Successful executives get where they are because of their ability to make good decisions. The ability to predict the right course of action under even uncertain conditions is the hallmark of good leaders – something that comes from years of experience. Along with experience and the situational demands of leadership comes confidence and a tendency for swift and resolute arrival at decision making in the face of uncertainty.
But when can this hard-earned confidence become a marked weakness?
The downside of confidence comes when we fail to recognize the boundaries of our expertise. The boundaries of our expertise are where our experience fails to provide us meaningful guidance. And this frontier where our strength ends can be hard to recognize – there are no markers or signs to guide us. For the highly experienced, it can be startlingly easy to start making mistakes or bad judgments because of lack of applicable experience in an area of decision making, and do so with gusto and confidence. When asked what being wrong feels like, most people will think about embarrassment, shame, anger etc. This is not what being wrong feels like. This is how we feel when we realize we are wrong – a big difference. After all, what does it feel like to be wrong? Being wrong feels just like being right.
In leadership and management, the issue of misplaced confidence is very common. And it causes real and fundamental problems. Here are some recent examples from my experience:
- A startup owner who cannot get funding despite having a great product and willing investors. He is over-confident and unwilling to change his mind on how to manage the business.
- A hot-shot technical founder of a company interferes with the marketing team that is trying to sell his products. Even though the founder doesn’t know anything about marketing, he is second guessing his marketing team. This results in lost opportunity and a threat to the continued success of the company that he spent so much time building.
- A group manager who demoralizes his team and loses key contributors because of micromanagement.
As a manager and startup advisor, I can tell you that this happens a lot. When folks spend years earning their stripes in their respective disciplines, that hard-earned expertise frequently jumps out of bounds and asserts itself in places where it should not.
If this is such a big problem, what can we do about it? The most effective managers and leaders have a playbook for keeping themselves in check, through the tricky business of managing both inside and outside of their areas of strength.
Frequently taking stock of your skills and your weaknesses is a healthy exercise for everyone – especially leaders. While it may seem anathema to leadership to consider where your skill set ends and uncertainty begins, it can be foundational to your success.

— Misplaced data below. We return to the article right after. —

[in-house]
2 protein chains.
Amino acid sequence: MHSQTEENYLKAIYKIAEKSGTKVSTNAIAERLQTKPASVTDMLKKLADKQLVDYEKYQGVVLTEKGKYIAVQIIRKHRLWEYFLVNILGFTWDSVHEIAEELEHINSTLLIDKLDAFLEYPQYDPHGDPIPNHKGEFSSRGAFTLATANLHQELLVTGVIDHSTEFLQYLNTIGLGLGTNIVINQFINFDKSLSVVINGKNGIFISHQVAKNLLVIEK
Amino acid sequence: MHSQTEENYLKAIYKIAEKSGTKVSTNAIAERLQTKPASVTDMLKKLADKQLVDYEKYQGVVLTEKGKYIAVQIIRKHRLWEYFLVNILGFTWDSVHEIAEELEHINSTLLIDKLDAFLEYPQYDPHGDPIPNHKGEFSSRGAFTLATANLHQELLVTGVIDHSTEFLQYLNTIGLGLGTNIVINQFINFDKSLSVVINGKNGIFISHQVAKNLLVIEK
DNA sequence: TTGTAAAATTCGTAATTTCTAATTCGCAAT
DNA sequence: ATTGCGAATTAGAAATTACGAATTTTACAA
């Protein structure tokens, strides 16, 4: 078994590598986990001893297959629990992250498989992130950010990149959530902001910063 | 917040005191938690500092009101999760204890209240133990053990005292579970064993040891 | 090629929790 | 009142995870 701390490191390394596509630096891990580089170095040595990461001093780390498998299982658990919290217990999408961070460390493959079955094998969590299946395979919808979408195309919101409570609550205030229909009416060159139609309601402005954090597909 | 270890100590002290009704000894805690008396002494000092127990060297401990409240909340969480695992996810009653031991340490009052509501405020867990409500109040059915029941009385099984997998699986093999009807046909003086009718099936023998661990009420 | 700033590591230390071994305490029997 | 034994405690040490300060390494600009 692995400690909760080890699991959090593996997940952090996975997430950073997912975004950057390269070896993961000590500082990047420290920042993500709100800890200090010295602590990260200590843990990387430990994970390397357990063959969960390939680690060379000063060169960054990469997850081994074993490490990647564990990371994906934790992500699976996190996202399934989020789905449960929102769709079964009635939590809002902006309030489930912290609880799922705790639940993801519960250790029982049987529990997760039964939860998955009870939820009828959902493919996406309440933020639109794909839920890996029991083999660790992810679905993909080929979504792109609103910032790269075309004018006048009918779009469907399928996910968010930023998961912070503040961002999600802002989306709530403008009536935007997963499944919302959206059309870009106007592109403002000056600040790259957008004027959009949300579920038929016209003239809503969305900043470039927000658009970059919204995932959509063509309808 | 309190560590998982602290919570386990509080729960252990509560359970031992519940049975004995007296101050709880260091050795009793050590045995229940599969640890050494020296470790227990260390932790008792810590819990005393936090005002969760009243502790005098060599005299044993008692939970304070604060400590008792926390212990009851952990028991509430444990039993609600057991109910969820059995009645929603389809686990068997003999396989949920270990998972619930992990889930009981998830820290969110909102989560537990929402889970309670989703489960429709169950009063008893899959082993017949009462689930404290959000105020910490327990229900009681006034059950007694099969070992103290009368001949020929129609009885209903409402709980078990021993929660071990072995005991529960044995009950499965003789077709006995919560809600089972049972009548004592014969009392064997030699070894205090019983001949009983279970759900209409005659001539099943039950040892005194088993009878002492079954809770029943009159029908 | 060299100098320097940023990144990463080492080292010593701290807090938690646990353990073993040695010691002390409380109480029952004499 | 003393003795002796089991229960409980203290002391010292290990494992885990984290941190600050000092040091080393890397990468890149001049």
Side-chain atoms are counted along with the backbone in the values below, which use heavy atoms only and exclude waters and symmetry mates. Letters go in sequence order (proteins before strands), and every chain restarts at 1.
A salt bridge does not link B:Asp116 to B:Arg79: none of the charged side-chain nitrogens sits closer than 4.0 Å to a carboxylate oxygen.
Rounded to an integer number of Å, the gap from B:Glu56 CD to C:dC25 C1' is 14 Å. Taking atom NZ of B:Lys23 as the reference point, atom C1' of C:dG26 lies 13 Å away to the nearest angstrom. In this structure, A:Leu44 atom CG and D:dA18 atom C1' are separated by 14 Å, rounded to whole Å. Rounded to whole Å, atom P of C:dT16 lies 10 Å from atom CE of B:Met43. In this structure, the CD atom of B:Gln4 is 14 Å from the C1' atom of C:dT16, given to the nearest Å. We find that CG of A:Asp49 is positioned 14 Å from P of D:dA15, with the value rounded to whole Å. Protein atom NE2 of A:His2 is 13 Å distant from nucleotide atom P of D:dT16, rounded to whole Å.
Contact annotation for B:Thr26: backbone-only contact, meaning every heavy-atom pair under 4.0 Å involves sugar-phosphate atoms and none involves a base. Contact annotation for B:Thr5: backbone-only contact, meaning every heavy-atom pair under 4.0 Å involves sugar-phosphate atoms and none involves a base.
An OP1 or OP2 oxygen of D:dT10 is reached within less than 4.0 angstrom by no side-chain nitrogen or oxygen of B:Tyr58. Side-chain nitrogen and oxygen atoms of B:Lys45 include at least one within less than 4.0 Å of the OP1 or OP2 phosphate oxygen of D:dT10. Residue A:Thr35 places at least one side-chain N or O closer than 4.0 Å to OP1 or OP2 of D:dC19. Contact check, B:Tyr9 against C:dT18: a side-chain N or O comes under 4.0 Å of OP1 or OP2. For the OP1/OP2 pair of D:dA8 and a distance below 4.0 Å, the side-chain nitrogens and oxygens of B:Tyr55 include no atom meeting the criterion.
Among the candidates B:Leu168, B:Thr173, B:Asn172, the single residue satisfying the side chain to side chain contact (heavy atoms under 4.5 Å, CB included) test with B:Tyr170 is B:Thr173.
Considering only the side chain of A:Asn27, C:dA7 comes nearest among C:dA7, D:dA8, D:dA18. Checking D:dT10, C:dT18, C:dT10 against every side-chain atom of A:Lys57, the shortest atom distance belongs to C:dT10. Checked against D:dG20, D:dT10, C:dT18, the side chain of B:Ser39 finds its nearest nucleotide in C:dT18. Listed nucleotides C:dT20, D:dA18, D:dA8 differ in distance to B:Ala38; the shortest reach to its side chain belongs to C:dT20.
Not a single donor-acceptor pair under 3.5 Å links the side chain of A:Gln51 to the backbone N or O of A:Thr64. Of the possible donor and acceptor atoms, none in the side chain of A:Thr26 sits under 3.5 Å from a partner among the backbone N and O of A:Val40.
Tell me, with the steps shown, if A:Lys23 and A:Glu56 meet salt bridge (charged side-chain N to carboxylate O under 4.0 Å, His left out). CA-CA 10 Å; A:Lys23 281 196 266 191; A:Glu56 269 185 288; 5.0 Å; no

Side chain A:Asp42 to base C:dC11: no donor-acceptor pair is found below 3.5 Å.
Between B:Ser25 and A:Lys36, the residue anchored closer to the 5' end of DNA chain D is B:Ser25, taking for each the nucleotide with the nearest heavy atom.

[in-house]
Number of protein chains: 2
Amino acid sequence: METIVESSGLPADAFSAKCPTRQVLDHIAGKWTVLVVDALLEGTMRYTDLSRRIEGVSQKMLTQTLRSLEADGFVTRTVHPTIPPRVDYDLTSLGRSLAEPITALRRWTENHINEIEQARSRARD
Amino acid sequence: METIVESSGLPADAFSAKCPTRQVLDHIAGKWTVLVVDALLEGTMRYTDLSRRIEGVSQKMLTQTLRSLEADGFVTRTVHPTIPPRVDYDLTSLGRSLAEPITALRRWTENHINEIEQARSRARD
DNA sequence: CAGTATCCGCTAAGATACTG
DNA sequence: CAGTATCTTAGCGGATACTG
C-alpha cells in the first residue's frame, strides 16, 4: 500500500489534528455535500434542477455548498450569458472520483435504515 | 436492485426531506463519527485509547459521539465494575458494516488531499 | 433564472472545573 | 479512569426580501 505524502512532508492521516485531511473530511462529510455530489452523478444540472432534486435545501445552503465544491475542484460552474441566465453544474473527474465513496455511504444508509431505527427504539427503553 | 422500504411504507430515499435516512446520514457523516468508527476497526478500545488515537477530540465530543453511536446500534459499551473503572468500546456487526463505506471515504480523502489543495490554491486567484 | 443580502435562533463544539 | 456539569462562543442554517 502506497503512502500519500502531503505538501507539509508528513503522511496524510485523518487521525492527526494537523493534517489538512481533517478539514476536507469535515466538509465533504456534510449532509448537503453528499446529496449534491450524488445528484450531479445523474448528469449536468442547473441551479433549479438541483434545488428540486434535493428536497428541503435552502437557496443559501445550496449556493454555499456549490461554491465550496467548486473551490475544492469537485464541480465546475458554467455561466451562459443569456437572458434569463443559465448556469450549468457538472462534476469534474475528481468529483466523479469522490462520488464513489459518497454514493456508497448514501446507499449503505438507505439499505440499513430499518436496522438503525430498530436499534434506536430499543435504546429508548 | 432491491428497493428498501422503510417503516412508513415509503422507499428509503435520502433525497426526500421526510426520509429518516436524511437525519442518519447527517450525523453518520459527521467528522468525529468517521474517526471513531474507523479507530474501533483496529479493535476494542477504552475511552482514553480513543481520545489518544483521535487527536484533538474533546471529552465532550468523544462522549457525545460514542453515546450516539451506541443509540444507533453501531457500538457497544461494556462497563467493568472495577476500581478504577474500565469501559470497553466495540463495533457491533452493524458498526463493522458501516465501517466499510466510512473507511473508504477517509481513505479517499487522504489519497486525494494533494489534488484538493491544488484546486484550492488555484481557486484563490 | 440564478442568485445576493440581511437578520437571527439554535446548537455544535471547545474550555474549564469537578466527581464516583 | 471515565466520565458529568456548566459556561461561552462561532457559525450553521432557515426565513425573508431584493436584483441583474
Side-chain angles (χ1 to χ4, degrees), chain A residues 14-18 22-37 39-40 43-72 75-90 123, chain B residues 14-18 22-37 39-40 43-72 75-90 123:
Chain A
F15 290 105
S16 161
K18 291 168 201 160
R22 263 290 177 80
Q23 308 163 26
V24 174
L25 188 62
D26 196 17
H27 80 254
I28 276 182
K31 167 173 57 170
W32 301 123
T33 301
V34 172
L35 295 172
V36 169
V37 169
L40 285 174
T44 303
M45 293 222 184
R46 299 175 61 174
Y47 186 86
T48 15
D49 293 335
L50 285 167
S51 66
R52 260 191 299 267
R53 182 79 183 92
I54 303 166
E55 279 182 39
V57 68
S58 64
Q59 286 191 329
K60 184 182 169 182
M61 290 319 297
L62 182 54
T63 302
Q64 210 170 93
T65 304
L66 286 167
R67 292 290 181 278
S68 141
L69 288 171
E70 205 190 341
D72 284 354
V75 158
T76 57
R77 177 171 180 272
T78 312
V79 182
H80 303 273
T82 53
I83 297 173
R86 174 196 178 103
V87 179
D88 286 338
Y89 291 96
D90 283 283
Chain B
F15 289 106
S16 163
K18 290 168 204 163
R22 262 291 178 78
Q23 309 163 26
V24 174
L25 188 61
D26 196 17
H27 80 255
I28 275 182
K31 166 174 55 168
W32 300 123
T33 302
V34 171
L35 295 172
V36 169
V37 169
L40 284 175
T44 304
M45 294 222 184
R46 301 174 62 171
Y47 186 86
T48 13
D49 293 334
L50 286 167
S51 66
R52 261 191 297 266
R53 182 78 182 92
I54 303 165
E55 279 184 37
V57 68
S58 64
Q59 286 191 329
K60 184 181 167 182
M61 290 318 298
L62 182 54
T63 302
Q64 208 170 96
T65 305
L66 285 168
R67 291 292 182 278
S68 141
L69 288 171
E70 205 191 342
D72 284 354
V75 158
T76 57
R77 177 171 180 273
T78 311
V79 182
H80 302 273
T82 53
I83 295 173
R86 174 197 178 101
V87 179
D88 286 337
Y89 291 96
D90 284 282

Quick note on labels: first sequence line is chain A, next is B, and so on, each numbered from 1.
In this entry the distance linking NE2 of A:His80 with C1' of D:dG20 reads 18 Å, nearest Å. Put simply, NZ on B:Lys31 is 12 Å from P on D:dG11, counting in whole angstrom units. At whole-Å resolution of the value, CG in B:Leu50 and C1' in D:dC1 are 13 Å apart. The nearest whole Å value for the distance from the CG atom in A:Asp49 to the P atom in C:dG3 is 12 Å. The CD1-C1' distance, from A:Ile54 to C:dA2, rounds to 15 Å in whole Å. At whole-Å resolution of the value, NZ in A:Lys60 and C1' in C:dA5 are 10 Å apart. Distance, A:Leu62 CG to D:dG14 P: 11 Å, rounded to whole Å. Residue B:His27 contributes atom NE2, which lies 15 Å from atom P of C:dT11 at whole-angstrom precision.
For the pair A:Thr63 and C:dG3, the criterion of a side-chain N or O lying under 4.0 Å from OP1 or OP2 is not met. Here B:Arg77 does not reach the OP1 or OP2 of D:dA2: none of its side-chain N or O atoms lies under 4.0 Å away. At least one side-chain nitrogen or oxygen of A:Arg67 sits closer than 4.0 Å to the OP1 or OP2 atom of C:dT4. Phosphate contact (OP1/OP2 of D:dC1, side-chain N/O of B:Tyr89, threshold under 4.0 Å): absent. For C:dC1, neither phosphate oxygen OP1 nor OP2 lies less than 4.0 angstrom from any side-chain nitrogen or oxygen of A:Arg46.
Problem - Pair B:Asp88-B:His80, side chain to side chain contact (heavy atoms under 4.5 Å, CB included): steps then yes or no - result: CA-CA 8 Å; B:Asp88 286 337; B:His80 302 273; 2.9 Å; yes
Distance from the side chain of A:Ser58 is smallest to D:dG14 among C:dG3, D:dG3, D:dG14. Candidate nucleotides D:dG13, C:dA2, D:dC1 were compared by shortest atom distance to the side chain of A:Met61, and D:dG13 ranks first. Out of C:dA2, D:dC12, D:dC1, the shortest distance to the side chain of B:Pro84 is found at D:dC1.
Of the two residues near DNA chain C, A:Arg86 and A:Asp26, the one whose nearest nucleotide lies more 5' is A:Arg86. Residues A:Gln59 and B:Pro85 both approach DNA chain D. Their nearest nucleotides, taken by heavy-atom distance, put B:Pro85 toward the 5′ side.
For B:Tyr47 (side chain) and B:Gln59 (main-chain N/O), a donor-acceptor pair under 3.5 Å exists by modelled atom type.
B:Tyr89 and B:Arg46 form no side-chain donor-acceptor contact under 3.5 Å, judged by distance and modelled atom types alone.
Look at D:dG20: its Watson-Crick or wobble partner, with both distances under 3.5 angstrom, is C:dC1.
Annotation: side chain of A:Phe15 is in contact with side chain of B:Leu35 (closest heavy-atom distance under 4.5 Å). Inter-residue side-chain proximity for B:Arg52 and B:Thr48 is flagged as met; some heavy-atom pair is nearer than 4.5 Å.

It is not about you
One big step to avoiding the confidence error comes in realizing that ‘it is not about you’. This is a panacea for multiple management woes – including this area of confidence outside of your area. When managers frame their decisions in an egocentric way, they can lead themselves astray in the process. When it is about you, the urge to manage outside of your expertise can be irresistible. Framing to outcomes (“lets get this right”) instead of process (“I did this”) is a fundamental and healthy starting point.
Misplaced confidence is often driven by simple failure to pay attention, letting the warm feeling of command spill outside of the lines where it belongs. Being ‘present’ when making decisions is a good start to avoiding the pitfalls of misplaced confidence.
Surround yourself with people smarter than you
Find people that know more about every part of your business than you do, and listen to them. This magnifies your efficacy and increases the quality of every decision you make. With experts to guide you, every decision has the power of multiple minds behind it – always better than one mind alone. An executive operating in this way finds that as good as their decisions are, that becomes the starting point for the results she can drive.
While on the surface, this discussion of misplaced confidence is about management, what we are really discussing is wisdom. Wisdom is the global sense of the limits of our knowledge, and a willingness to embrace doubt when it is appropriate. Wisdom is a key leadership trait that, while rare, is a cornerstone for securing the trust of your customers and your organization.
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